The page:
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Movies | © Unsplash/Pexels
Movies | © Unsplash/Pexels
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10 Films to Watch Before Visiting Shanghai

Picture of Rachel Deason
Updated: 23 January 2017
What better place to set a film than China’s largest, boldest, and most dynamic city: Shanghai. Whether about Shanghai or not, these 10 films offer unique perspectives on the crazy city on the banks of the Huangpu.

Her

This 2013 indie darling set sometime in the near future was filmed in part in Shanghai. To depict a tech-crazed futuristic Los Angeles, director Spike Jonze chose Shanghai’s Lujiazui neighborhood. Watching the movie before coming to Shanghai, you may think the set looks more like a Jetson’s version of the future than something that could actually exist in today’s world, but when you come here, you’ll see that the city really is just light years ahead.

Her | Courtesy of Annapurna Pictures
Her | Courtesy of Annapurna Pictures

Empire of the Sun

Not only was Empire of the Sun filmed in part in Shanghai, it also takes place in Shanghai. The film, adapted from J.G. Ballard’s acclaimed novel of the same name, tells the story of a British family living in the city during its Japanese occupation. Members of China’s People’s Liberation Army were tapped to play Japanese soldiers, and during scenes that take place at the internment camp, Shanghai’s famous Longhua Temple can be clearly seen in the background.

Empire of the Sun Longhua Pagoda | Courtesy of Warner Bros.
Empire of the Sun Longhua Pagoda | Courtesy of Warner Bros.

Perhaps Love (如果爱)h

Perhaps Love, China’s answer to Moulin Rouge, takes place and was filmed in part in Shanghai. The film tells a classic love triangle story with a twist and contains some of the most visually sensational dancing to be captured on film. Listen to the song The Outside World from the film and you’ll instantly fall in love, just as the main characters do.

Perhaps Love | Courtesy of Applause Pictures
Perhaps Love | Courtesy of Applause Pictures

Indiana Jones and the Temple of Doom

This famous Steven Spielberg-George Lucas collaboration may be more India than Shanghai, but any true fan knows that the story begins when, in 1935, Indiana Jones escapes the clutches of a Shanghainese crime boss. The opening scene of the movie was shot in a Shanghai nightclub, named Club Obi Wan in the film.

Indiana Jones and the Temple of Doom | Courtesy of Paramount Pictures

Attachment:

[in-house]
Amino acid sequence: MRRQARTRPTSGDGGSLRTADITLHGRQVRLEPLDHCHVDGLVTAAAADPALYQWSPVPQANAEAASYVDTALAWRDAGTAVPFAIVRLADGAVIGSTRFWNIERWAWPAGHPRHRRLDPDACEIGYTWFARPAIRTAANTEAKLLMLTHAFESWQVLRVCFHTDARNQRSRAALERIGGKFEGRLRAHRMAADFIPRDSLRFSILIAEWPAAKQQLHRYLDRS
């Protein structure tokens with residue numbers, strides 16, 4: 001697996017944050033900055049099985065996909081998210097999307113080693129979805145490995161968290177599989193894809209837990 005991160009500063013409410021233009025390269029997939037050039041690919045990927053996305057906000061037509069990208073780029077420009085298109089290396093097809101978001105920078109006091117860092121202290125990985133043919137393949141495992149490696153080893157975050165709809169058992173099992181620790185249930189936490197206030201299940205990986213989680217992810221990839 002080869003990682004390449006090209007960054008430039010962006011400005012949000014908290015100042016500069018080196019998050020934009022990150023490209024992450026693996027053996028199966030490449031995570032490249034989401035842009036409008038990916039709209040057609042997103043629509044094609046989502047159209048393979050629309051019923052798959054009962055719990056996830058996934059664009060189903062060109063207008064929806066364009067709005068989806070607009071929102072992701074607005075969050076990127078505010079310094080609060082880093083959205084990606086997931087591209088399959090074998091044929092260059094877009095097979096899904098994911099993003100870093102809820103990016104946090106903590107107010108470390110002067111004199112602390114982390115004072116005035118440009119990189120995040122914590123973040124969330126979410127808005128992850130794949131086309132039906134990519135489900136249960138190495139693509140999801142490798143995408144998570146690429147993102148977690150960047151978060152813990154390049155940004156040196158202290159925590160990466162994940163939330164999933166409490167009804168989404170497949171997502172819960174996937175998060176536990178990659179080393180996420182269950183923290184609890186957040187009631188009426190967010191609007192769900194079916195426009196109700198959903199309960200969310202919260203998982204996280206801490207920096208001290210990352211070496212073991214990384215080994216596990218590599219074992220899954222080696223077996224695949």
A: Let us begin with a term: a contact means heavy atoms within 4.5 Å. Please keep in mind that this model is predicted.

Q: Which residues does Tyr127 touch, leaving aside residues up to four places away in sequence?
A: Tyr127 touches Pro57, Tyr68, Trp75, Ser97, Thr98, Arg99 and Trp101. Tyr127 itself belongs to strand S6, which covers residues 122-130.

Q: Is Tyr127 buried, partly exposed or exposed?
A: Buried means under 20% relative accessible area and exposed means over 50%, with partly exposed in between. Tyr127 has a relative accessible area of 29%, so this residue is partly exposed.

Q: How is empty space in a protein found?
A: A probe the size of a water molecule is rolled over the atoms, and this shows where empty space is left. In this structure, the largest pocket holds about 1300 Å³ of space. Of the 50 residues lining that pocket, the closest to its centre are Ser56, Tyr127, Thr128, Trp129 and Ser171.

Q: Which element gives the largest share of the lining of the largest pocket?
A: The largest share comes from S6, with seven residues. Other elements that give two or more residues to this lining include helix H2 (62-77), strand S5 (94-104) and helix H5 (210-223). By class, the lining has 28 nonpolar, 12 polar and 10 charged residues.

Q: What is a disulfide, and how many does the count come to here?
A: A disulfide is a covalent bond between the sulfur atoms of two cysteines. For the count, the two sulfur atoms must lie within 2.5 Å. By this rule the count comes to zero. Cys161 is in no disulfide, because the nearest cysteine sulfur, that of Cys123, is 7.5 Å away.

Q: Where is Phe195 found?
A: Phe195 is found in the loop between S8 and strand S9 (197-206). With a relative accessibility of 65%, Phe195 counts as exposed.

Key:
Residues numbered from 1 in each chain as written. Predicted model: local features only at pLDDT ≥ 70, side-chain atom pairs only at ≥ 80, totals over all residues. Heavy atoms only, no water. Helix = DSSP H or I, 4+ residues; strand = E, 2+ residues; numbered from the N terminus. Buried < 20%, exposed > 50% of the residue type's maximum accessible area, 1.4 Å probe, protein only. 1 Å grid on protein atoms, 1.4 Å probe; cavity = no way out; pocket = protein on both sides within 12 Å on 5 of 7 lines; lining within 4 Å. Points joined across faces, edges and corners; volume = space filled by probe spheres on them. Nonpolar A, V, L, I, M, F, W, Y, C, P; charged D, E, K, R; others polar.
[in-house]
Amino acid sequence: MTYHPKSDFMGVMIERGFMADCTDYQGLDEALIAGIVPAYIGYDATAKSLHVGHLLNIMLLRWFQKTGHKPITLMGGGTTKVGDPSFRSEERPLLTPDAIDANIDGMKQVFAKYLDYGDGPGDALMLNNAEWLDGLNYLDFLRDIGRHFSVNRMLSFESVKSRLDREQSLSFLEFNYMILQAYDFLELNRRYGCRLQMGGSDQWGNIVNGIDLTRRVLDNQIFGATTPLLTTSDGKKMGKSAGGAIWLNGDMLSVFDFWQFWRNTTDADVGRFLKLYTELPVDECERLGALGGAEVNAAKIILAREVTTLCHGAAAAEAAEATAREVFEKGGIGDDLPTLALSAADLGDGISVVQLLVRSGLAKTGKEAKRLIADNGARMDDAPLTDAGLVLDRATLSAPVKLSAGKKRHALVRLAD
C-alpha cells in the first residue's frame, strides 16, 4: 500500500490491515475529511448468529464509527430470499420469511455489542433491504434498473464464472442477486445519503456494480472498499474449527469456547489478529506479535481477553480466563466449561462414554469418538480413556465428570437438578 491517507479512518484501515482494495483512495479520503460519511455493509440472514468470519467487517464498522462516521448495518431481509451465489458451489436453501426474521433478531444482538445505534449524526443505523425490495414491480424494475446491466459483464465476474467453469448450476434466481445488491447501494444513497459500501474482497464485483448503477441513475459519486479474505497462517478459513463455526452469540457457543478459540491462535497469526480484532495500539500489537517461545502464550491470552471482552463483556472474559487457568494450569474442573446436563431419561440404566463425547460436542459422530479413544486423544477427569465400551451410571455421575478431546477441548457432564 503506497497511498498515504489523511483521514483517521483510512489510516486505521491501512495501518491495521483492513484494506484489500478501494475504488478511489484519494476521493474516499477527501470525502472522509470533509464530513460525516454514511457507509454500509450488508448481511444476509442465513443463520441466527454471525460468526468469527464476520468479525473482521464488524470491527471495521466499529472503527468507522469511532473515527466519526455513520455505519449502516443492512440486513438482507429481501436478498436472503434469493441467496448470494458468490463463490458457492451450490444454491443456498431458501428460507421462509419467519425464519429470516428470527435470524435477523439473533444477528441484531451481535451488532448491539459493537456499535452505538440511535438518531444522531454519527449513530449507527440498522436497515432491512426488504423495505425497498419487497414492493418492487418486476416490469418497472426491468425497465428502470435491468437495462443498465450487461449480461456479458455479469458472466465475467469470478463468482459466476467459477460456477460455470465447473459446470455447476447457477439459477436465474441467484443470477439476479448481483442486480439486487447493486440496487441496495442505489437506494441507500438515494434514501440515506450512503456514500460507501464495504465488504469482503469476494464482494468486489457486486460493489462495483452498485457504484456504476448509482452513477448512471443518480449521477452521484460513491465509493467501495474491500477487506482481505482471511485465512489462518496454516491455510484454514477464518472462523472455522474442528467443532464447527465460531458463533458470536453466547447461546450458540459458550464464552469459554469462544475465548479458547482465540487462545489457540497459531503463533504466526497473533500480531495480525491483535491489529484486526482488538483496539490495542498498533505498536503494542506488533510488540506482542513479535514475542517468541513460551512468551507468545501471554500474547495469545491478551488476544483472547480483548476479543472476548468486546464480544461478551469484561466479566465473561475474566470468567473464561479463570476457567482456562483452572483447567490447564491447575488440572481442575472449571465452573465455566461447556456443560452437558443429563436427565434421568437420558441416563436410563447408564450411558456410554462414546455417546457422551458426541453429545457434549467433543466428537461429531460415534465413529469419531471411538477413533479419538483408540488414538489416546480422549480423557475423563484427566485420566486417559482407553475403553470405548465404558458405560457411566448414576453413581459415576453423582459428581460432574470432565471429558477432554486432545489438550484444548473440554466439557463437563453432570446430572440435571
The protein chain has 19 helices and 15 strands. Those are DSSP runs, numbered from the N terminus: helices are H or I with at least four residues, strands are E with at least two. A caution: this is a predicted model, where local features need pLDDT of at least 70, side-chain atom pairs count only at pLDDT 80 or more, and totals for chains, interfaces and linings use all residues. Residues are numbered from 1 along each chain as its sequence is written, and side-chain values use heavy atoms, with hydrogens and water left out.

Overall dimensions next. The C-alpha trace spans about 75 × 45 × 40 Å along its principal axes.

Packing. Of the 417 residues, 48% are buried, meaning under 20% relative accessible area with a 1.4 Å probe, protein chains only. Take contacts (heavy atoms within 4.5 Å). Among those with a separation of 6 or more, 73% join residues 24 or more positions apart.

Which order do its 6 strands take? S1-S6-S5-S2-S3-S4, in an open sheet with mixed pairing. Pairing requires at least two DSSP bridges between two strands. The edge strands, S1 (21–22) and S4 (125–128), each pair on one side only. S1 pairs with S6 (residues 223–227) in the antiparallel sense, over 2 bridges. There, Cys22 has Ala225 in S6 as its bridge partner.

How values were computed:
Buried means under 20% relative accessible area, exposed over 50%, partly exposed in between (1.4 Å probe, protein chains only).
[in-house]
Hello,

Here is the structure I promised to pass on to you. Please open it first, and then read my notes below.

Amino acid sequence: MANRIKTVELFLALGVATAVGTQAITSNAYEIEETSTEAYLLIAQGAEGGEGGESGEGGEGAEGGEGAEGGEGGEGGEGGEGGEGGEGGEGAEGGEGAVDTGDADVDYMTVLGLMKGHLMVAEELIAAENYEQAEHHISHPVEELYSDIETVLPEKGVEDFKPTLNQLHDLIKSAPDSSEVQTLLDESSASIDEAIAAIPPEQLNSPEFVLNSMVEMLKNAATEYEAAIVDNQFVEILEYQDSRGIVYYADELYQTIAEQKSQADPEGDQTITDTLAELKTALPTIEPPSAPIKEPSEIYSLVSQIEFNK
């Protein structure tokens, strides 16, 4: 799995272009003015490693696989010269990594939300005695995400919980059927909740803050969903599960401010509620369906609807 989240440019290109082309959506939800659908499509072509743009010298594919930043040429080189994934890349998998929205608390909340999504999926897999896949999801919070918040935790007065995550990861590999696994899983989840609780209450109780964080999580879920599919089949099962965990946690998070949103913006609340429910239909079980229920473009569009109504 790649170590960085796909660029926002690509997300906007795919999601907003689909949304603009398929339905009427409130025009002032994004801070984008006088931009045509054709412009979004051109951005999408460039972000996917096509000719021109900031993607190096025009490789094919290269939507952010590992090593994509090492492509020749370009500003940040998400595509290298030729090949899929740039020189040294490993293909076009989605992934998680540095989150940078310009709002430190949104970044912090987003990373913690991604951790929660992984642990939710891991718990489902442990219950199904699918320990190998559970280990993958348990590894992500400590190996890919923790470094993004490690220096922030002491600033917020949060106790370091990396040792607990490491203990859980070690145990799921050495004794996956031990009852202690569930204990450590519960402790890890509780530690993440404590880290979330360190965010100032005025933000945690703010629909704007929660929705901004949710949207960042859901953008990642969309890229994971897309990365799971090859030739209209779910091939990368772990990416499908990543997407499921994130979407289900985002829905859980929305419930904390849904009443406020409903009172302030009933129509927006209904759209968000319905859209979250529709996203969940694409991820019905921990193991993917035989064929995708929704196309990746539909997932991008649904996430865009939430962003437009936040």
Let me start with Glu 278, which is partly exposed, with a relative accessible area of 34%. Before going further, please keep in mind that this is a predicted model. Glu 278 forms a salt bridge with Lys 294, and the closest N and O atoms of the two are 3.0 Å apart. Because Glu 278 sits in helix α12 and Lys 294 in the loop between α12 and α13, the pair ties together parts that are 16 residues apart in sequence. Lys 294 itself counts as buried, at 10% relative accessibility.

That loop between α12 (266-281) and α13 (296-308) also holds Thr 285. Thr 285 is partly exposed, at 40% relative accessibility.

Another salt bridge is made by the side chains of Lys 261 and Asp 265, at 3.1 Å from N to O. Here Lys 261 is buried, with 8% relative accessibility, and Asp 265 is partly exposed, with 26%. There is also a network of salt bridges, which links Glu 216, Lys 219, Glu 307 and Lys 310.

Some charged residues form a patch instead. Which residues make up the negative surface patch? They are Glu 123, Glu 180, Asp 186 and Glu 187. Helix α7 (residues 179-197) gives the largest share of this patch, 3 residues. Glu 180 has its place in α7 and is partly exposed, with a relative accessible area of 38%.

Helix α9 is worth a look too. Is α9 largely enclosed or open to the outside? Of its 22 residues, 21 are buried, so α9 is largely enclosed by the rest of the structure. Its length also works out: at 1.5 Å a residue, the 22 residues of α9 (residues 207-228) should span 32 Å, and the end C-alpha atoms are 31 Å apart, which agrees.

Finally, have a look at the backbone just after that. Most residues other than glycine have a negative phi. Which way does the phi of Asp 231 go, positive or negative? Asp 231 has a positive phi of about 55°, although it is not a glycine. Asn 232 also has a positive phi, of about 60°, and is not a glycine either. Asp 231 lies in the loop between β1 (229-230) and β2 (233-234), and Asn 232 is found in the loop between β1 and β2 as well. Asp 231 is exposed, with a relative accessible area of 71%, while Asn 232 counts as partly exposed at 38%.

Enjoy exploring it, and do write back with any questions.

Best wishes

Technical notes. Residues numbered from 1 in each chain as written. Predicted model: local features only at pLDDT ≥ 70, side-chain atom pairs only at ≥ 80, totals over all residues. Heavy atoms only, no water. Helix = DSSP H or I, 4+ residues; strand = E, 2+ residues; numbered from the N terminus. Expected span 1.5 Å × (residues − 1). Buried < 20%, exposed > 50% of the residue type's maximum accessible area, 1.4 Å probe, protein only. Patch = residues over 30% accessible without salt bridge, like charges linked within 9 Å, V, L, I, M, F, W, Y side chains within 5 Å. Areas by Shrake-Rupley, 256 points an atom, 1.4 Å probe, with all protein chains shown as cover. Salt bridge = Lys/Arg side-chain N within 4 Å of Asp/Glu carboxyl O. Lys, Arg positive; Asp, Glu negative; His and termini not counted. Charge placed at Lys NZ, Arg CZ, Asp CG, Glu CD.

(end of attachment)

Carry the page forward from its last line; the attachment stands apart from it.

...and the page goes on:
Indiana Jones and the Temple of Doom | Courtesy of Paramount Pictures

The Painted Veil

The Painted Veil, adapted from a 1925 novel of the same name, tells the story of British expatriates in Shanghai, Walter and Kitty Fane. As Walter is busy with the study of infectious diseases, Kitty gets wrapped up in her expat life and the two drift apart until a cholera epidemic strikes. The film is shot between Shanghai and China’s rural Guangxi province.

The Painted Veil | Courtesy of WIP
The Painted Veil | Courtesy of WIP

Shanghai Express

Released in 1932, Shanghai Express is the oldest film to be set in Shanghai. It tells the story of the passengers of a train going from Beijing to Shanghai. On the train, the male protagonist meets a courtesan, played by Marlene Dietrich, whom he discovers is his long lost love. The film is loosely based on a 1923 incident in which a Chinese warlord captured the Shanghai to Beijing express train, where 25 westerners and 300 Chinese were taken hostage.

Shanghai Express | Courtesy of Paramount Pictures
Shanghai Express | Courtesy of Paramount Pictures

Suzhou River

Suzhou River‘s director, Lou Ye, comes from the “Sixth Generation” of Chinese filmmakers whose typical subject matter is modern China’s gritty urban experience. This film is no different. Rather than feature the glitz and glamour of Shanghai as so many filmmakers choose to, Ye uses the dilapidated factory buildings and abandoned warehouses along Suzhou Creek as the backdrop of a tragic love story between young Shanghainese.

Suzhou River | Courtesy of Coproduction Office
Suzhou River | Courtesy of Coproduction Office

Shanghai Triad

Directed by arguably China’s best filmmaker, Zhang Yimou, Shanghai Triad is set in the criminal underworld of 1930s Shanghai. It tells the story of a provincial boy recruited to be the servant of a gang lord’s mistress. After his politically sensitive film To Live, Zhang was temporarily banned from making movies in China. He decided that his grand re-debut should be a gangster film, which he saw as more conventional.

Shanghai Triad | Courtesy of Alpha Films
Shanghai Triad | Courtesy of Alpha Films

Snow Flower and the Secret Fan

Snow Flower and the Secret Fan is the movie adaptation of Lisa See’s book of the same name. While the story details the life of a woman in 19th century China, it chooses not to focus on women as victims of footbinding and arranged marriages, but instead takes a feminist approach that challenges viewers to imagine how the women might have found voices of their own within. To achieve this, the 19th century timeline is paralleled with a modern day one set in Shanghai.

Snow Flower and the Secret Fan | Courtesy of IDG China Media
Snow Flower and the Secret Fan | Courtesy of IDG China Media

Fist of Fury

Fist of Fury is synonymous with Bruce Lee, the film’s star. He plays a student of Jingwu martial arts who meets a Japanese dojo in Shanghai’s Hongkou district during the Japanese occupation of the city. The dojo taunts Jingwu students, calling them and all Chinese men “weaklings.” This fires Lee’s character up, and he later returns to the Hongkou dojo to defeat him. The Chinese-Japanese relationship was extremely fraught during this time in history, and Fist of Fury presents what was likely the fantasy for many Chinese at the time.

Fist of Fury | Courtesy of Golden Harvest Company
Fist of Fury | Courtesy of Golden Harvest Company